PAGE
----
t o- cra shed five miles from event, outside the framework of 
Gourma-Rhahons, about 60 world championship rallying, 
utiles from Umbuktu. and the ; This year he had some 520 - 


aid of the day’s stage from entries from car, motorcycle 
Niamey in Niger. M Sabine ft and ' lorry ' competotors and 
added was flying low to ensure. Some 480 actually started from 
toe safety of competitors after a Versailles, near Paris on 
heavy sandstorm had. blown January 1, facing the worst 


(brought the day. 


African -terrain of deserts and 


the Greens about their having 


jangle that. JVf .Sabine could 

find . 

The event has become as 
well known in France as the 
old-established Tour de Drance 
cycling race, and 300,000 
people tamed out to see the 
sartof the rally. 

But - the event also nosed 
increasing controversy in 
France, with protests over the 
display of wealth, in poverty- - 
stricken -countries. 

M Bafntine, aged 33, com-, 
peted in the Paris-Dakar. rally 
in 1984 but was following ft 
this year to support the water 
pump project. 

Discovered in 1978, he won 
the “Diamond Prize” of French 
pop nntsic in 1982. Inst year, 
he became closely involved in 
fund-raising for the Ethiopian 
famine appeals. 


The- other victims of, the - 
crash were named as Nathalie 
Odent, aged 25, a reporter fipr 
toe Parte Sunday newspaper 
Journal de JDi mkach e, - radio 
journalist Jean-Paul le Fur, 
both French, and the Swiss 
pilot. Franatis-Xarier Bag- 
Bond. . 

M Gerard Fusil, * French 
radio reporter who went to the 
crash stee, said he understood 
the helicopter hud tended once, 
in a had sandstorm, and then, 
took oft, following the head- 
lights of a competing car; 

“Unfortenafley, they didn't 
apparently - notice the car was. 
climbing up fust <3nf l dune, 
about >3 yards high, after the 
95 miles of fiat country. The 
helicopter hit the sand dune 
and disintegrated^ They were 
killed instantly.” 


Britain and Iran. 

• Britain' has been the leading 
European source of immigrants 
for the past nine years, over- 
taken last in 1975s, when 
Portogal hcaded the fist. In feet 
Britain-sent more immigrants in 
1983 - 14,839 - but ranked 
twelfth on the fist. The figure 
has remained Surly constant 
suggesting that lies of culture 
and- language have more to do 
with Ow trend .that any sudden 
worsening in the economy, the 
usual reasons for large-scale 
emigration. 

The. next hugest group of 
white immigran ts in 1984 was 
West Germany, with 6,700, 
followed by Poland, with 6,400. 
The Soviet Union has also been 
high -on the European list in 
recent years, as a large number 
of Soviet Sews settled in the US. 
chang in g their status from 
refugees to immigrants. 

The statistics show the 
continuing : trend of immi- 
gration from Asia and Latin 
America rather than Europe. 


The court's judgement said 


been excluded from the parha- best-known Green MPs. said ^ *ere were “compelling rv i i* ^ 

memary committee on the the court's action was “a defeat na ^ ns " «*y. public | JllmlTl 2SKS 

budget One of the committee's for parliament”. Other Greens weifero” required that the *^**«““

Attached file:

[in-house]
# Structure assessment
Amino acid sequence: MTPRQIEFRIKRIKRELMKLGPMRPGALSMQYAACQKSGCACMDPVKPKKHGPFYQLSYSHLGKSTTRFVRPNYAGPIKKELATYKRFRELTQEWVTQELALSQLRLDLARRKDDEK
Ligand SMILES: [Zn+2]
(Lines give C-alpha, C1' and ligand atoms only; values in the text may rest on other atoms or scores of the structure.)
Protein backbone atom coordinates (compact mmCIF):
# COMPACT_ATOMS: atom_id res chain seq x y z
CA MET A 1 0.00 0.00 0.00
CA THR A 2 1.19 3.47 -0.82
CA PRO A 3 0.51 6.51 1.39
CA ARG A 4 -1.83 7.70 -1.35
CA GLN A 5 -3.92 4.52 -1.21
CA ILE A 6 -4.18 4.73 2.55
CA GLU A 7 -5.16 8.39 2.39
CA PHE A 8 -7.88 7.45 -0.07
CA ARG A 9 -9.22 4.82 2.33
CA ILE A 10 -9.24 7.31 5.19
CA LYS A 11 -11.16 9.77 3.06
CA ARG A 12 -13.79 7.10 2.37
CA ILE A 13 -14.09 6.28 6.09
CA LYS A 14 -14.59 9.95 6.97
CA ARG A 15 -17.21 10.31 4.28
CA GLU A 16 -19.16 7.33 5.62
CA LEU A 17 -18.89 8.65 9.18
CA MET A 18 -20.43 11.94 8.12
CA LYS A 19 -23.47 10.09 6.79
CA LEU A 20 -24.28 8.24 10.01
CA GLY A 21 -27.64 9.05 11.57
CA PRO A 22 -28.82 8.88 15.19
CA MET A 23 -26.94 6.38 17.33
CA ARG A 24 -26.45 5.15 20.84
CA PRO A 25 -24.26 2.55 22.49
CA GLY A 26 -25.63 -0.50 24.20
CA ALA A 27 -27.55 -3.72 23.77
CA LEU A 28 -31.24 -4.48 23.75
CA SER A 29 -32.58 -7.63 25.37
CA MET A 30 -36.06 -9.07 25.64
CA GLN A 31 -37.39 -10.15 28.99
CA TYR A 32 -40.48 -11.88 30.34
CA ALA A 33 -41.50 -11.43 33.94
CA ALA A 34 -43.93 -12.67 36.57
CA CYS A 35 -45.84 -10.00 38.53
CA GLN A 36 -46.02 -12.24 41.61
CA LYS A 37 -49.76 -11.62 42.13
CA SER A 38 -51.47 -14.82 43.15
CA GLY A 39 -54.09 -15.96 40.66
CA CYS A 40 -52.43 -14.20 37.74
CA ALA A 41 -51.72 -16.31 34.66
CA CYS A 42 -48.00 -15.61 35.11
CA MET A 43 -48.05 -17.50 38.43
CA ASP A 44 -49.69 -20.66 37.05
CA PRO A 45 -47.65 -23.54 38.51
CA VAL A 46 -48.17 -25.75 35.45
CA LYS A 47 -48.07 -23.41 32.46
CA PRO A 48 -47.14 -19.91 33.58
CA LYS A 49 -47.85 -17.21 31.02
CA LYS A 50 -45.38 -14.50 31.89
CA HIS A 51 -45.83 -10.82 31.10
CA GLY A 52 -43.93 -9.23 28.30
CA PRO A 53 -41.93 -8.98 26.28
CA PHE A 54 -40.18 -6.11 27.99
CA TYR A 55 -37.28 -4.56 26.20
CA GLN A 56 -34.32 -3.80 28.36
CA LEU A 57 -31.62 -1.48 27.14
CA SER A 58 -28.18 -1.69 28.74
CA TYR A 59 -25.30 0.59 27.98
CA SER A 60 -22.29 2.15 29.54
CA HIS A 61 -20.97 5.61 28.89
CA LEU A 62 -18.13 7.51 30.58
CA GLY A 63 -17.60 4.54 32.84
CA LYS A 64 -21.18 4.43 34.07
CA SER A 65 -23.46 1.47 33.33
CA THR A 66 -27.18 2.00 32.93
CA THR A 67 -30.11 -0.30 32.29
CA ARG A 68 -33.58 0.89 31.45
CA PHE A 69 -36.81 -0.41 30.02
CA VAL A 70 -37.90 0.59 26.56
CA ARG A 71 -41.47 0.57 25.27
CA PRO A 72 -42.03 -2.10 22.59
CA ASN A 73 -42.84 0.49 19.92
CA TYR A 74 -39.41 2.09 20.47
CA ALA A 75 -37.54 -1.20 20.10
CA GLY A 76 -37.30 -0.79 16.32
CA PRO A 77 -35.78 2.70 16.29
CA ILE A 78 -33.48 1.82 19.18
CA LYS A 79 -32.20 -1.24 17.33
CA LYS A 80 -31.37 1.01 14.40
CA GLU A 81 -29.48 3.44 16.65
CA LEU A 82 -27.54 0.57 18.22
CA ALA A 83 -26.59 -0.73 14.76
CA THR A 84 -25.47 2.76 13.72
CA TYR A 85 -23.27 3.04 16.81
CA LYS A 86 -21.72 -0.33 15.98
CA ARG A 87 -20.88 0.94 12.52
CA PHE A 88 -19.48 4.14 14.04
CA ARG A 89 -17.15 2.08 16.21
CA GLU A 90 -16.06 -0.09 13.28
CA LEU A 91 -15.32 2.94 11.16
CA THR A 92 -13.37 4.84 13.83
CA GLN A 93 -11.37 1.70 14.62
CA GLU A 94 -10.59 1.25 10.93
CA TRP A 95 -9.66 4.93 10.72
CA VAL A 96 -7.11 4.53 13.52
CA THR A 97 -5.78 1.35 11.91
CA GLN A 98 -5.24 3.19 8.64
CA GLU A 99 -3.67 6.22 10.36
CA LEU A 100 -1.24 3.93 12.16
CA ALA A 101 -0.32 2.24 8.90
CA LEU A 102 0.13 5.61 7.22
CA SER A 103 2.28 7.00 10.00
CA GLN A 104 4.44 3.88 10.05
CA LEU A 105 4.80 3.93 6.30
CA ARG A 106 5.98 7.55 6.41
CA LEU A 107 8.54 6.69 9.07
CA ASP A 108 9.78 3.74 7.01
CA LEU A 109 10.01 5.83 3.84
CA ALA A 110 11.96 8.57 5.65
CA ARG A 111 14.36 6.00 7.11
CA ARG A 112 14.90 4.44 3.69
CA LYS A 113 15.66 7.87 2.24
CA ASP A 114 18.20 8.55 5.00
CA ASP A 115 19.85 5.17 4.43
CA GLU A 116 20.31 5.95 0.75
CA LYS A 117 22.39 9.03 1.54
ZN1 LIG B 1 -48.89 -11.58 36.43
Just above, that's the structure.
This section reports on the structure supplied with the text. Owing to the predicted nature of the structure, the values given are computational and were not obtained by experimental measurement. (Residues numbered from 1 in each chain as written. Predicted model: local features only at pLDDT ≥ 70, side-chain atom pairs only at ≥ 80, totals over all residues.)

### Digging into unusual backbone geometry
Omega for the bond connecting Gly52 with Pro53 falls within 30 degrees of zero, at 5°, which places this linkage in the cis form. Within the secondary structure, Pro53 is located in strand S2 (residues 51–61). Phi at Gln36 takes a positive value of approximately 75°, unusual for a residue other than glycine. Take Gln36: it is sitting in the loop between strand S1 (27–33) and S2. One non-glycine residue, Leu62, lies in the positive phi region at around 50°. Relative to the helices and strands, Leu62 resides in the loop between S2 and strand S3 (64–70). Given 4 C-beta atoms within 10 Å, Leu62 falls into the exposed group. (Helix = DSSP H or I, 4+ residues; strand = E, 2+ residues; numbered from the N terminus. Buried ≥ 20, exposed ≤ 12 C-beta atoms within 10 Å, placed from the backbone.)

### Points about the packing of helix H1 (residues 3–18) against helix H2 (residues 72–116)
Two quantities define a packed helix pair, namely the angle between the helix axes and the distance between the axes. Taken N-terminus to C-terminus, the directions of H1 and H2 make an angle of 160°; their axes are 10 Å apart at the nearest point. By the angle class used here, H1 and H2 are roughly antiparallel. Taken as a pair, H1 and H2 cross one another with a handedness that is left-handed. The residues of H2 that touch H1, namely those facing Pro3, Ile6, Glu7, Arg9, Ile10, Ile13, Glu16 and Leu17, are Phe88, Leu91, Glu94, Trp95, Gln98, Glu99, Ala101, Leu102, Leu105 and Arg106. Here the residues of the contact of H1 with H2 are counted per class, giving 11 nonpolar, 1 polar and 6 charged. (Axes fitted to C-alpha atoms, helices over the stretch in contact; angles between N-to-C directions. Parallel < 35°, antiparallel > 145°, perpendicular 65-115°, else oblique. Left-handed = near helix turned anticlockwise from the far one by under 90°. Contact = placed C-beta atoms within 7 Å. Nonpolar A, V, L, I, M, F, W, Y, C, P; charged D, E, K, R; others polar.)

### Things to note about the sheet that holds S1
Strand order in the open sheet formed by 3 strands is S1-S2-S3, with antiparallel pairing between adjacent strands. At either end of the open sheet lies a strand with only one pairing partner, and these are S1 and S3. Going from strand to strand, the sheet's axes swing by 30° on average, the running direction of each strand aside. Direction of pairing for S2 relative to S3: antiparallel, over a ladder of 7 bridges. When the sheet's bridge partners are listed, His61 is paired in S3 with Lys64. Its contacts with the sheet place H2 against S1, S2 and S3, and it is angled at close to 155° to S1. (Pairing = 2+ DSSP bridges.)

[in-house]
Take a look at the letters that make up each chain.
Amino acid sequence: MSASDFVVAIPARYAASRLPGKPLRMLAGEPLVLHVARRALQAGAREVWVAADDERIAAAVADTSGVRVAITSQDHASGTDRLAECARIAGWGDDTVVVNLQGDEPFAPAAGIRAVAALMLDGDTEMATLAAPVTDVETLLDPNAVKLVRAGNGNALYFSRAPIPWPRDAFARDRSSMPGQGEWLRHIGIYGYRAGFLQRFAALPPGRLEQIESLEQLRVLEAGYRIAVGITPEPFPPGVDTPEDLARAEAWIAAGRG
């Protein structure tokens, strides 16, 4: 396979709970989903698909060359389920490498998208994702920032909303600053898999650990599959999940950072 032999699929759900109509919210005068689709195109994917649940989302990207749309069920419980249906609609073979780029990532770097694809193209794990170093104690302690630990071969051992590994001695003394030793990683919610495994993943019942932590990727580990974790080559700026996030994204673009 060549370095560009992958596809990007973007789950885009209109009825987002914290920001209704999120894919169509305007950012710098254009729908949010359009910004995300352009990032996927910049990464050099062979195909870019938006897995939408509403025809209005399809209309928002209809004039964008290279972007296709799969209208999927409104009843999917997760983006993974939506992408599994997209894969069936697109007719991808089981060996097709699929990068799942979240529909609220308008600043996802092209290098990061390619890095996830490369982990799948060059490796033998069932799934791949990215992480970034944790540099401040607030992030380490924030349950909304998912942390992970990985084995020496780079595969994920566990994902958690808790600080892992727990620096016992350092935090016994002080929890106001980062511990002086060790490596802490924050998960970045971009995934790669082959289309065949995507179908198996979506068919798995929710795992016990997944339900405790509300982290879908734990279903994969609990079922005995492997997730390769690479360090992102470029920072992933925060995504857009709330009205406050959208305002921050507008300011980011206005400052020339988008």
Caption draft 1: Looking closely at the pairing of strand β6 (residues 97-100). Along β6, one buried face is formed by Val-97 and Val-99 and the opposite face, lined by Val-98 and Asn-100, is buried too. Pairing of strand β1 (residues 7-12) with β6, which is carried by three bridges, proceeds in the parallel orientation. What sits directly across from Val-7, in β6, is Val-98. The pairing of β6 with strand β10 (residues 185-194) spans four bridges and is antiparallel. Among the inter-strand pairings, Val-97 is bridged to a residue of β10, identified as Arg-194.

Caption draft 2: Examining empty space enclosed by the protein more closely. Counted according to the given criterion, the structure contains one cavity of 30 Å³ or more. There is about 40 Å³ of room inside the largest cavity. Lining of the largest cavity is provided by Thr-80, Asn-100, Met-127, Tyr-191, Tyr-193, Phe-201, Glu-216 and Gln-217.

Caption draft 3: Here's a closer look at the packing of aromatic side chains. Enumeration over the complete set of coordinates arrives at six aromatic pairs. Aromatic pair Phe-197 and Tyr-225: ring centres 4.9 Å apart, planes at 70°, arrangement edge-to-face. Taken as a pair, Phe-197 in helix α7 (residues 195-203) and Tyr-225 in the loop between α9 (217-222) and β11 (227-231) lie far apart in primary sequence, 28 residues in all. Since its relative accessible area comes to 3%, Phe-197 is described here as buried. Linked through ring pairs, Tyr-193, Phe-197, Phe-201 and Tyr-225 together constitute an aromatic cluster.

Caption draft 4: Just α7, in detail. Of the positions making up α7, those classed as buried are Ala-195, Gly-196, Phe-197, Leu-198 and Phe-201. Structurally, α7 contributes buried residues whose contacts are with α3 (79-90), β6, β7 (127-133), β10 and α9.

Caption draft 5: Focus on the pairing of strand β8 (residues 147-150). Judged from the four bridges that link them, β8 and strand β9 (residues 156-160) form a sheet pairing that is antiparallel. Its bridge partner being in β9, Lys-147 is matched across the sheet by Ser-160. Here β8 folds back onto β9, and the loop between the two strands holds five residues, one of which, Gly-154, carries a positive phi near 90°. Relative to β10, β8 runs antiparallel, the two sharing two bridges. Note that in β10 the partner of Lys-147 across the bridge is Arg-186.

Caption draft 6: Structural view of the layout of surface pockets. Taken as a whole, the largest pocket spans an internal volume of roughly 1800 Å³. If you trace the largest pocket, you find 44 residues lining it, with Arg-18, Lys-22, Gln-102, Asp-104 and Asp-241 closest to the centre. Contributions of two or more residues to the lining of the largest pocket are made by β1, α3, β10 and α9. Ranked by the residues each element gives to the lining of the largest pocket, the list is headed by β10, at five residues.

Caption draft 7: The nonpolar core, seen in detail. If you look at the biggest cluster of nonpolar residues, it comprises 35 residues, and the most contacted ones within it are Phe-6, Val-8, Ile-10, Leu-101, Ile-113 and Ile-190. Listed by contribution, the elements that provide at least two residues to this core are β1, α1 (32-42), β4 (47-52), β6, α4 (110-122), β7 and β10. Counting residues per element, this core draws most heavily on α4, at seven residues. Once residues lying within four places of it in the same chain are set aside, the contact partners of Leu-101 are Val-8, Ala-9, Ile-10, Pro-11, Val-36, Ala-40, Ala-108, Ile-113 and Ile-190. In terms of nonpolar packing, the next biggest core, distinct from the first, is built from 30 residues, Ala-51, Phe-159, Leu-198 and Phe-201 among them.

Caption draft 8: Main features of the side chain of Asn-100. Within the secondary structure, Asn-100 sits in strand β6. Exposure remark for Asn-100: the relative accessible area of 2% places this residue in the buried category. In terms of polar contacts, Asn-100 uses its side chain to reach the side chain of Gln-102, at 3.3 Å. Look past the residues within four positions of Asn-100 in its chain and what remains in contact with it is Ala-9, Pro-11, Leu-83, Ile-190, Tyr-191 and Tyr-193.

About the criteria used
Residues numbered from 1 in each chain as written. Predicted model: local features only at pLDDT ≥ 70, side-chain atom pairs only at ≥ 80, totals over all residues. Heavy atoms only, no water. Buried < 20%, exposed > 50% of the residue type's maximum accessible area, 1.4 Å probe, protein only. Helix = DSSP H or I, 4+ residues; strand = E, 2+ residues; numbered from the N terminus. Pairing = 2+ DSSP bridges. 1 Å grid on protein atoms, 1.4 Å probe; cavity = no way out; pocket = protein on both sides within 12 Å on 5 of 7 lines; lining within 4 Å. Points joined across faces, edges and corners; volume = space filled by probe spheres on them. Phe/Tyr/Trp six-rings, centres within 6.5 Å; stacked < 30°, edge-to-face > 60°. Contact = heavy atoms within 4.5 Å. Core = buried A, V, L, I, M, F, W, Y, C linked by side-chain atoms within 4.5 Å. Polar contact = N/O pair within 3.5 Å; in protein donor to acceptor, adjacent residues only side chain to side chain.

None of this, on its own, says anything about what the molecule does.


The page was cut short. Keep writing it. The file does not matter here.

powem is to oversee the pointed out with glee that the proceedings of the committee, 'FT' 87 1 . 

financing of the intelligence recent security scandals, such as w ° cn dealing with the secret fv r> %, , iUl 

services. the defection to the East of the asr™*, should be confidential. . 

The composition of (be counter-espionage official, Herr Somcnewspapers, including the p/irtfin hllilfkll 
committee is ultimately deter- Hans Jochen, and spying by an uberal Frankfurter Rundschau LUUU1UUUU11 
turned by vote of the pariiamen- alarming number of secretaries wh w* depkuirf the court's From Richard Owen 
taty majority, which at the in sen strive departments, had «* on ’ pointed out that toe «S3m« 

moment is u tevour of keeping nothjna to do with the Greens. Greens bad only themselves <to zHrasoourg 

the Greens off it The benefit of their more blame because many of them Mr Dick Spring, Deputy 

Most participants in the radical followers, the Greens said that the state should not Prime Minister of the Irish 
quarrel, for and against, yester- were able to depict the ruling as have any secrets. Republic, yesterday appealed to 

Tamil tea workers 
win status battle 

From VpuYapa, Colombo 


Palestinian 
smuggler 
gets 7 years 


EEC for 
contribution 


Gorbachov undermines Brezhnev's man 

Anti-corruption drive reaches Ukraine 


From Christopher Walker, Moscow 


. From Richard Owen The ruthless puree of ineG- Gorbachov came to power last of the region's economy and years. Agriculture ourprn was 

Strasbourg ficient Communist Party March. “violations of party discipline”, also reported to be senously 

Mr nif4r Cnrin'o, rvnii'ttj officials ordered by - the new The latest dismissals were The seriousness of the investi- below target ana toe constnic- 

Primp Kremlin leader, Mr Mikhail seen as of particular significance gation was demonstrated by the sector criticized for the 

Gorbachov, has now spread to because they came in the run-up decision of toe Sovi-* Union's poor. Quality of new schools and